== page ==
I am a believer in that theory. My opinion is that over the long term, we can expect 25% of income to reflect the payment on one's mortgage, and if you drew a line over time reflecting the mortgage this represents plus the downpayment, you'd be very close to a median home price. The bubble that occurred was real, but not as dramatic as Schiller's chart implies. $1000 will support a $124K 30yr mortgage, but $209K at 4%. This is with no hype, and exact same supply/demand pressures.
The market cap of all US companies adds to about $18T. The total wealth in the US, about $60T. Of course US stocks aren't just held by US citizens, it's a big world.
Let me suggest two things - the world is poor in comparison to much of the US. A $100,000 net worth puts you in the top 8% in the world. The implication of this is that as the poorer 90% work their way up from poverty, money will seek investments, and there's room for growth.
Even if you looked at a closed system, the US only, the limit, absent bubbles, would be one that would have to put a cap on productivity. In today's dollars we produce more than we did years ago, and less than we will in the future. We invent new things faster than the old ones are obsoleted. So any prognostication that our $18T market can grow to say, $30T, does not need to discuss P/Es or bubbles, but rather the creation of new products and businesses that will increase the total market.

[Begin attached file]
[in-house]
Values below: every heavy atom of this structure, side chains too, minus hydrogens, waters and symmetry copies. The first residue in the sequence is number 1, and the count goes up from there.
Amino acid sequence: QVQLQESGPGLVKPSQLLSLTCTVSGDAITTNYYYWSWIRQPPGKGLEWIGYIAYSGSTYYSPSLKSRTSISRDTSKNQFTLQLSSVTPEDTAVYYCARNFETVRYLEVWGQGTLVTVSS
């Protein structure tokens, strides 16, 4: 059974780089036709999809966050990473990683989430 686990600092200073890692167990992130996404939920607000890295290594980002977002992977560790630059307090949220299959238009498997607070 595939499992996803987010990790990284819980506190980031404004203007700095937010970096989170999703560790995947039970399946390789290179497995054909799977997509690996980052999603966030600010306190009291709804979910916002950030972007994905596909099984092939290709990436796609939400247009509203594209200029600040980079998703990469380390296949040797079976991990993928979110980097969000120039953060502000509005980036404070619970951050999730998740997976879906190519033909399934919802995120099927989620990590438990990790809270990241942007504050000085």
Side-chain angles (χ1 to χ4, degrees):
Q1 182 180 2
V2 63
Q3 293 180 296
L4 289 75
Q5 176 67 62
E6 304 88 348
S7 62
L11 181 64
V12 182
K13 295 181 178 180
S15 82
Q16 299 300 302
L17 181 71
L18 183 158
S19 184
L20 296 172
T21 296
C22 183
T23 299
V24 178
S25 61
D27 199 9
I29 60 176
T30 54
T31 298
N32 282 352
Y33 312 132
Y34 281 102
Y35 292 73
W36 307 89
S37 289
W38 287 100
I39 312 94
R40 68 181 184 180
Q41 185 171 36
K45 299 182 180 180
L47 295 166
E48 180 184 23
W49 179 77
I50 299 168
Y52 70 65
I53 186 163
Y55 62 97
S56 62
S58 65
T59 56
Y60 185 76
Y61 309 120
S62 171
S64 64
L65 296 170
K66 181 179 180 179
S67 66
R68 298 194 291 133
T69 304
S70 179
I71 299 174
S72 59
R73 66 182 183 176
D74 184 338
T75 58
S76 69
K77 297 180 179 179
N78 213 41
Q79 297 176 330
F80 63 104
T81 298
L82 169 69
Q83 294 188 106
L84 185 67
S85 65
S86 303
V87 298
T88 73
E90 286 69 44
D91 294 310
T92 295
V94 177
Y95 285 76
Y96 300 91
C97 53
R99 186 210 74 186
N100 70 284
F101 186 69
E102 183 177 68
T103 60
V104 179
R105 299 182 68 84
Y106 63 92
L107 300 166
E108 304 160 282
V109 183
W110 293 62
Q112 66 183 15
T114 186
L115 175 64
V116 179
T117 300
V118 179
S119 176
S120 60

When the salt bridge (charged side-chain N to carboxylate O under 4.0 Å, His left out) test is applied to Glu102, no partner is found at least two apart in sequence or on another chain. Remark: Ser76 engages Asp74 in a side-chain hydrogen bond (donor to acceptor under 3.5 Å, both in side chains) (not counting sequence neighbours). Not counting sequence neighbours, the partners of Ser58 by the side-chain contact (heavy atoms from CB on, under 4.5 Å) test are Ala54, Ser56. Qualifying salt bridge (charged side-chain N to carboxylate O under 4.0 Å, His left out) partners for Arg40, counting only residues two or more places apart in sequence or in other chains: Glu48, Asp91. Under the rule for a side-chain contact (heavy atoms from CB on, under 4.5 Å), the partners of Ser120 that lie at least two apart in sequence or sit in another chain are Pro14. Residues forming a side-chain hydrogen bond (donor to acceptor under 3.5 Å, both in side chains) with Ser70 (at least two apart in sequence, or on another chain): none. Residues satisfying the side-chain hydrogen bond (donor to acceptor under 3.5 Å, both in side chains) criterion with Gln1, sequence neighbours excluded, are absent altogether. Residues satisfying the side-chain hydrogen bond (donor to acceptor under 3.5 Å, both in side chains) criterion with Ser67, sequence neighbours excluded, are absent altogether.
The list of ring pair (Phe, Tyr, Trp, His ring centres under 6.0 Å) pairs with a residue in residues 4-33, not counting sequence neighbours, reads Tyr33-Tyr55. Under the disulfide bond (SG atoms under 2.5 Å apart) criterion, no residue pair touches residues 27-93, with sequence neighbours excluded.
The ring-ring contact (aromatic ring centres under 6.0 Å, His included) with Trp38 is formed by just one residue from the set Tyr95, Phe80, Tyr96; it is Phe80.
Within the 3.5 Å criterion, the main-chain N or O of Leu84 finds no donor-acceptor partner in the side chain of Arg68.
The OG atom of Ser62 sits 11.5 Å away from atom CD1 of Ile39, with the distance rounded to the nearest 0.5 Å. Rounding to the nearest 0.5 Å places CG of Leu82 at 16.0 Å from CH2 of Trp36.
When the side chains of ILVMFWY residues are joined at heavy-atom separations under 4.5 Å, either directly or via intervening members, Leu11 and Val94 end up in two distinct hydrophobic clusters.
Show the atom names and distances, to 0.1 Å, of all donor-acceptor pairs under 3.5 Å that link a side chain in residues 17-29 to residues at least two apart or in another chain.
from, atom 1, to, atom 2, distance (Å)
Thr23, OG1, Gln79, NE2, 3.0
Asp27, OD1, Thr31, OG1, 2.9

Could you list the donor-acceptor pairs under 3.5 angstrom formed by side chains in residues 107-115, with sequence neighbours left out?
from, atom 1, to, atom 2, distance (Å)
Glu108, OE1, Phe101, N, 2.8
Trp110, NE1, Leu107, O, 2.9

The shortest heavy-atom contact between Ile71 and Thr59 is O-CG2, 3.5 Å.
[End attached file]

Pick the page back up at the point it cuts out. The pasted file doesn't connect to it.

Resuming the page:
To summarize - Population growth (not really discussed), Productivity, and long term reduced Poverty will all keep that boundary to be a growing number.
That said, this question may be economic, and not PF, in which case my analysis is bound for the Off-Topic barrel. Fascinating question.